EFF Chairman Templeton: Expect More Repression of Rights in 2008 (via audio transcript)

February 26 2008 / by Alvis Brigis / In association with Future Blogger.net
Category: The Web   Year: 2008   Rating: 20

Brad Templeton, Chairman of the Board for the Electronic Frontier Foundation (EFF), warns that more censorship and curtailing of our civil liberties looms on the immediate horizon. Judging by the bright company he keeps, including Google’s bright co-founders and other notorious West Coast futurists, this is a man and message worth listening to.

Templeton is a rare bird. He’s a realist, idealist, futurist and comedian all wrapped into one influential persona. Oddly enough, it makes total sense that this jolly man has been chosen as the chief steward of our cherished cyber-liberties. This unique balance of characteristics allows Templeton to grock big business and government motives, visualize the digital playing of tomorrow, go about his stressful job with a smile and, in the end, hold out hope for an ultimately humanizing web.

We were fortunate to catch up with Brad for an in-depth Audio Interview (read the full transcript here), in which he offered some choice predictions concerning the future of the internet and the near-term state of our digitocracy.

When asked to provide a specific forecast for the year 2008, Templeton expressed concern about the slippery slope of digital rights erosion:

Templeton (audio transcript): I’m generally an optimist in the long term, although I am actually a little bit afraid for the short term. I think we’re going to see, unfortunately, a bit more repression in 2008, we’re going to see more efforts to curtail rights, both because of the war on terror, and because of those forces that are pushing for more and more ability to do censorship.

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European Children to Get Control of Their Pre-Generated Data Upon Adulthood

March 21 2008 / by Alvis Brigis / In association with Future Blogger.net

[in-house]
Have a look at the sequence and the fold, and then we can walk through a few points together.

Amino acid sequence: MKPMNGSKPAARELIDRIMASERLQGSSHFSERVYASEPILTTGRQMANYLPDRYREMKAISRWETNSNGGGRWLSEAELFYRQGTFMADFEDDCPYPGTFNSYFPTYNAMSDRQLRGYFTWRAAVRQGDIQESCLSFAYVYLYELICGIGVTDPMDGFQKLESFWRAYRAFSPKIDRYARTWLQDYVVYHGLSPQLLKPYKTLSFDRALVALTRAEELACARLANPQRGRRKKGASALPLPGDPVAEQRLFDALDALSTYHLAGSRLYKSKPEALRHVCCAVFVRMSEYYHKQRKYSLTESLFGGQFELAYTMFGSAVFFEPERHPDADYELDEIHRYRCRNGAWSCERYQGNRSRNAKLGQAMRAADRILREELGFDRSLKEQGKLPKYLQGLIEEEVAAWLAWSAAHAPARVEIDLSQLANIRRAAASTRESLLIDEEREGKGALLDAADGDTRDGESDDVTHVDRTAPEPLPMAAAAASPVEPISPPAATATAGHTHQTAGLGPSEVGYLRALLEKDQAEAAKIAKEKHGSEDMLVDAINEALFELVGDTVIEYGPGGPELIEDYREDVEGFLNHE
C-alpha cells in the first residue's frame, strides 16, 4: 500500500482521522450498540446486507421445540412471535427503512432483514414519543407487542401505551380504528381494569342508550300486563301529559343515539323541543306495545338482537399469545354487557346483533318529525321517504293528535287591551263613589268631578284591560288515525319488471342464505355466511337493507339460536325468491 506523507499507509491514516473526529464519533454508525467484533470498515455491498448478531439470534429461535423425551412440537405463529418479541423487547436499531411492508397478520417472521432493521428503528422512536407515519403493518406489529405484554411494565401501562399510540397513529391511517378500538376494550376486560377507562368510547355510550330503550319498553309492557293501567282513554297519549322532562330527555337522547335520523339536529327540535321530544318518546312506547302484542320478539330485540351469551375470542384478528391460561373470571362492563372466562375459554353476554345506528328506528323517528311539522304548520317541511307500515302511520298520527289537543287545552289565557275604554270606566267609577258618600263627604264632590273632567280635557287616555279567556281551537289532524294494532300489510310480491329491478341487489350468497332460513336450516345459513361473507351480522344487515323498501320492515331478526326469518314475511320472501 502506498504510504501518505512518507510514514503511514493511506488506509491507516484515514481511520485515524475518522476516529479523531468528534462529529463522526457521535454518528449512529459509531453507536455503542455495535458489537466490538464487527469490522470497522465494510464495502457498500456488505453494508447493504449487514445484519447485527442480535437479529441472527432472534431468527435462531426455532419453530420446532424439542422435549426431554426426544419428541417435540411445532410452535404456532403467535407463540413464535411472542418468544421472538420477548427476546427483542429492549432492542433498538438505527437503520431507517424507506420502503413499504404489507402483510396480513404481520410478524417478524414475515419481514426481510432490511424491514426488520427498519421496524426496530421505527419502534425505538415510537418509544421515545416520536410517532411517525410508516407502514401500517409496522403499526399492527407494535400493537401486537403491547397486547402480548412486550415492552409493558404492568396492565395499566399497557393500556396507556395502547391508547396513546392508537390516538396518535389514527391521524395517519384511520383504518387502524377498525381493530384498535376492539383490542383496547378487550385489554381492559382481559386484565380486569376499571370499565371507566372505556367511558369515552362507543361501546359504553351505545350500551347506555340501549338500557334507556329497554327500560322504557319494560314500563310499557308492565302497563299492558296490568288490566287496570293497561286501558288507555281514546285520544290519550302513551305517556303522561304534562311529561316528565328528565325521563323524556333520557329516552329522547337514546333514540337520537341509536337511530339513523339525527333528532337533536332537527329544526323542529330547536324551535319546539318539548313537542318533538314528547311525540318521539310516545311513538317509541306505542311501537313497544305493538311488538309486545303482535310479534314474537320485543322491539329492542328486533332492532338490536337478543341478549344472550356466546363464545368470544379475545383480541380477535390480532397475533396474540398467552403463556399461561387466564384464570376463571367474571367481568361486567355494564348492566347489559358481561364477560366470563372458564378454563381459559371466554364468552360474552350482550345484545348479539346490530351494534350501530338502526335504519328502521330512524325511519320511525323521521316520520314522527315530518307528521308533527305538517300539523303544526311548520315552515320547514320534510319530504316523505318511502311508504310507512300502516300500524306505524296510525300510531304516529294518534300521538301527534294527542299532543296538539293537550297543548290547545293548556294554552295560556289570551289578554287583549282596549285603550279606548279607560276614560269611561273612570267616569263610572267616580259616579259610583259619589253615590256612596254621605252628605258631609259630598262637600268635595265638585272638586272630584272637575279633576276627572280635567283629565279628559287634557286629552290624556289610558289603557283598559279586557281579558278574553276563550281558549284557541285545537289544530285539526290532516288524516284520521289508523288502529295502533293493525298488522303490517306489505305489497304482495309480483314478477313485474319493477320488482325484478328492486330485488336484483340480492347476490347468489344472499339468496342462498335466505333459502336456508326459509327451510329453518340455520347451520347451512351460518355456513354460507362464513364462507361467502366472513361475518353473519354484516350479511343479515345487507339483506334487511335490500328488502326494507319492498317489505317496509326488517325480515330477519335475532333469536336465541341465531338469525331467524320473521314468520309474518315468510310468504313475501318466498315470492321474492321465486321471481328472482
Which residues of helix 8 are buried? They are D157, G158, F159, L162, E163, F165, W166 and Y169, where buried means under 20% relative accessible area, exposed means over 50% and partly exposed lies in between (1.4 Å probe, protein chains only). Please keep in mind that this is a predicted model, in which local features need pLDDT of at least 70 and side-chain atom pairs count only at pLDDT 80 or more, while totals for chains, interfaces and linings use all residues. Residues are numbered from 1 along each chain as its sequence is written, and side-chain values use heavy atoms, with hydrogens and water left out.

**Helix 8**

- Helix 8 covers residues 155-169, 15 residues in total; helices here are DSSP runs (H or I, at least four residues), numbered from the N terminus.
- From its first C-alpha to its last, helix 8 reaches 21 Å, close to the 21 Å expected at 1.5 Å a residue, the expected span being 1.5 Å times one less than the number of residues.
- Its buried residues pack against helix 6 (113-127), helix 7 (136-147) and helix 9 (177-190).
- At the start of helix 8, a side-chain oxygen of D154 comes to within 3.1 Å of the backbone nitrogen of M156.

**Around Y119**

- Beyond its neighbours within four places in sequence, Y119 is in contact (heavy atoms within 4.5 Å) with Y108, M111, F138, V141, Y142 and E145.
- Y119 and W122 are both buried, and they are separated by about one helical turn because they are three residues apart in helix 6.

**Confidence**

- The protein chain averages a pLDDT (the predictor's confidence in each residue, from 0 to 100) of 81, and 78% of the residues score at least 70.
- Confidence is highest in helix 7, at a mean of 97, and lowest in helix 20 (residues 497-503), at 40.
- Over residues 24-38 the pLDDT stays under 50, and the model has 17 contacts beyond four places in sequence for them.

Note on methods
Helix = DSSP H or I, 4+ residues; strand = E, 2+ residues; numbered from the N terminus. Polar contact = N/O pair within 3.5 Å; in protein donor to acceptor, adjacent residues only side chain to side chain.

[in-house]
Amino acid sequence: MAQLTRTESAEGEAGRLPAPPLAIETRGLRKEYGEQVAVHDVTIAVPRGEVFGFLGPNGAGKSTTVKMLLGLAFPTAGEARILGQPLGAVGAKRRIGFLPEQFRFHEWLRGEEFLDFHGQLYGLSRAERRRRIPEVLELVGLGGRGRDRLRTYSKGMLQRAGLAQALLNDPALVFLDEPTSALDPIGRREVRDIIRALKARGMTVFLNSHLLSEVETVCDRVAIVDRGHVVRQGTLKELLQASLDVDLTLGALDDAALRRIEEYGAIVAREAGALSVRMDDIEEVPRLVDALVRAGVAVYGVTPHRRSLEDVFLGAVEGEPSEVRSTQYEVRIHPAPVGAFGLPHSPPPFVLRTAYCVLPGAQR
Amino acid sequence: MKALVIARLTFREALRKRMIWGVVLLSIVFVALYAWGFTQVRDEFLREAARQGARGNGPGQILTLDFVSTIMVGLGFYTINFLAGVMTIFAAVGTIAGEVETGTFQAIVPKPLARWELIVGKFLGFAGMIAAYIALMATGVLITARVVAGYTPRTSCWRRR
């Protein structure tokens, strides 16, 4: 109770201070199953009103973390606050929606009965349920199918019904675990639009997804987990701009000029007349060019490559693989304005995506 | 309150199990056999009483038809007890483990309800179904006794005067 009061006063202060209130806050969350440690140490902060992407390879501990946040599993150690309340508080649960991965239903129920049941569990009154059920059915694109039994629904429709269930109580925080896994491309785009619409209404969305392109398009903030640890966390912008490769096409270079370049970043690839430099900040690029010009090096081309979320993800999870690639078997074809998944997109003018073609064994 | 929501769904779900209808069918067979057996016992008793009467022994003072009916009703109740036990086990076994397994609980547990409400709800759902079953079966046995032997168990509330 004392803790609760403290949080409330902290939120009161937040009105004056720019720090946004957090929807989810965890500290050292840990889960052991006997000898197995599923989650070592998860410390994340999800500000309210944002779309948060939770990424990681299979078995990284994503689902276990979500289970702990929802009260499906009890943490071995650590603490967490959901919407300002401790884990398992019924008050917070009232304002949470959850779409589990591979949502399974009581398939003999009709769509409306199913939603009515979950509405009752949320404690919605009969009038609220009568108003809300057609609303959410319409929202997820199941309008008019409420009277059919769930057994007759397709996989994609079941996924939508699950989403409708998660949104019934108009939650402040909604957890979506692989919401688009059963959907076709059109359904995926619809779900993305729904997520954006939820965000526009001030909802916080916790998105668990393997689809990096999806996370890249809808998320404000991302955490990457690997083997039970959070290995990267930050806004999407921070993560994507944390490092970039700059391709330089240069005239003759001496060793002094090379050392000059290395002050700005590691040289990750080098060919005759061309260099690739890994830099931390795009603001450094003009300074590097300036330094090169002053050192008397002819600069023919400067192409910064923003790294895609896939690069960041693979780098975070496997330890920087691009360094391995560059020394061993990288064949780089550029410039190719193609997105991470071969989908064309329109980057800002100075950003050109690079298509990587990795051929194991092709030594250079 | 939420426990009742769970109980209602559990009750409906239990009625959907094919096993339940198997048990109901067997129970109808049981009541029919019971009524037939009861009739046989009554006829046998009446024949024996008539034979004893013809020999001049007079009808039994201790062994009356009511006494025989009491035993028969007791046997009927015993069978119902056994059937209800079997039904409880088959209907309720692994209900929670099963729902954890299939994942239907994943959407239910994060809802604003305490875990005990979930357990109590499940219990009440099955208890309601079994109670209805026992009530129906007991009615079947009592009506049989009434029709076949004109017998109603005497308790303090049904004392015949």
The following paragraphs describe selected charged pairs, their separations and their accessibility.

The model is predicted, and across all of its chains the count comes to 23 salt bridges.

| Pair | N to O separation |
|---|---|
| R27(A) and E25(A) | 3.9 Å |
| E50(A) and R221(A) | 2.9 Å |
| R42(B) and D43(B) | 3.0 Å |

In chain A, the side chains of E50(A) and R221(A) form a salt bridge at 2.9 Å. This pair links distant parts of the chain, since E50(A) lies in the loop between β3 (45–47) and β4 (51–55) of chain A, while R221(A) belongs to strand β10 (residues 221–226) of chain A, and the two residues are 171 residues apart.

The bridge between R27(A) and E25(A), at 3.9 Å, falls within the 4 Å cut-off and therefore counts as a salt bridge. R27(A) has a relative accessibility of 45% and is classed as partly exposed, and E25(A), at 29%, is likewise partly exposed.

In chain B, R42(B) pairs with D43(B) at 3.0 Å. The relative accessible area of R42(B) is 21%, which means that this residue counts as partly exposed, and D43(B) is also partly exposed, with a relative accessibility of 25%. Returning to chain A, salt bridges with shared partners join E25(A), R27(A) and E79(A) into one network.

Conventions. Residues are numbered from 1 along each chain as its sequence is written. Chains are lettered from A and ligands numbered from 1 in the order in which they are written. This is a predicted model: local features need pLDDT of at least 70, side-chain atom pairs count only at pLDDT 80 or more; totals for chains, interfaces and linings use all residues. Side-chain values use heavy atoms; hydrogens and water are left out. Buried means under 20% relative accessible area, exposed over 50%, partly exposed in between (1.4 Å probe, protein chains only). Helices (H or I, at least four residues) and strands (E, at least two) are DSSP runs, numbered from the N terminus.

Category: Education   Year: 2008   Rating: 9

A key European government committee has established a set of general privacy guidelines that give children control over their previously generated data upon reaching adulthood.

Earlier this week the Working Party, an independent advisory body on data protection and privacy composed of data protection officials from various European countries, published a comprehensive document that lays out a long list of protocols and recommendations concerning children’s data, particularly the digital information collected over the course of a school career.

The new rules establish that “[i]f the processing of a child’s data began with the consent of their representative, the child concerned may, on attaining majority, revoke the consent. But if he wishes the processing to continue, it seems that the data subject need give explicit consent wherever this is required.”

As more and more data is captured and stored, these regulations are a necessary reaction to the potential for misuse and lay the groundwork for a whole new set of developmental digital rights.

“The rationale of this principle is that a person who has not yet achieved physical and psychological maturity needs more protection than others,” the experts explain about the decision, “Its aim is to improve conditions for the child, and aims to strengthen the child’s right to the development of his or her personality. This principle must be respected by all entities, public or private, which make decisions relating to children.”


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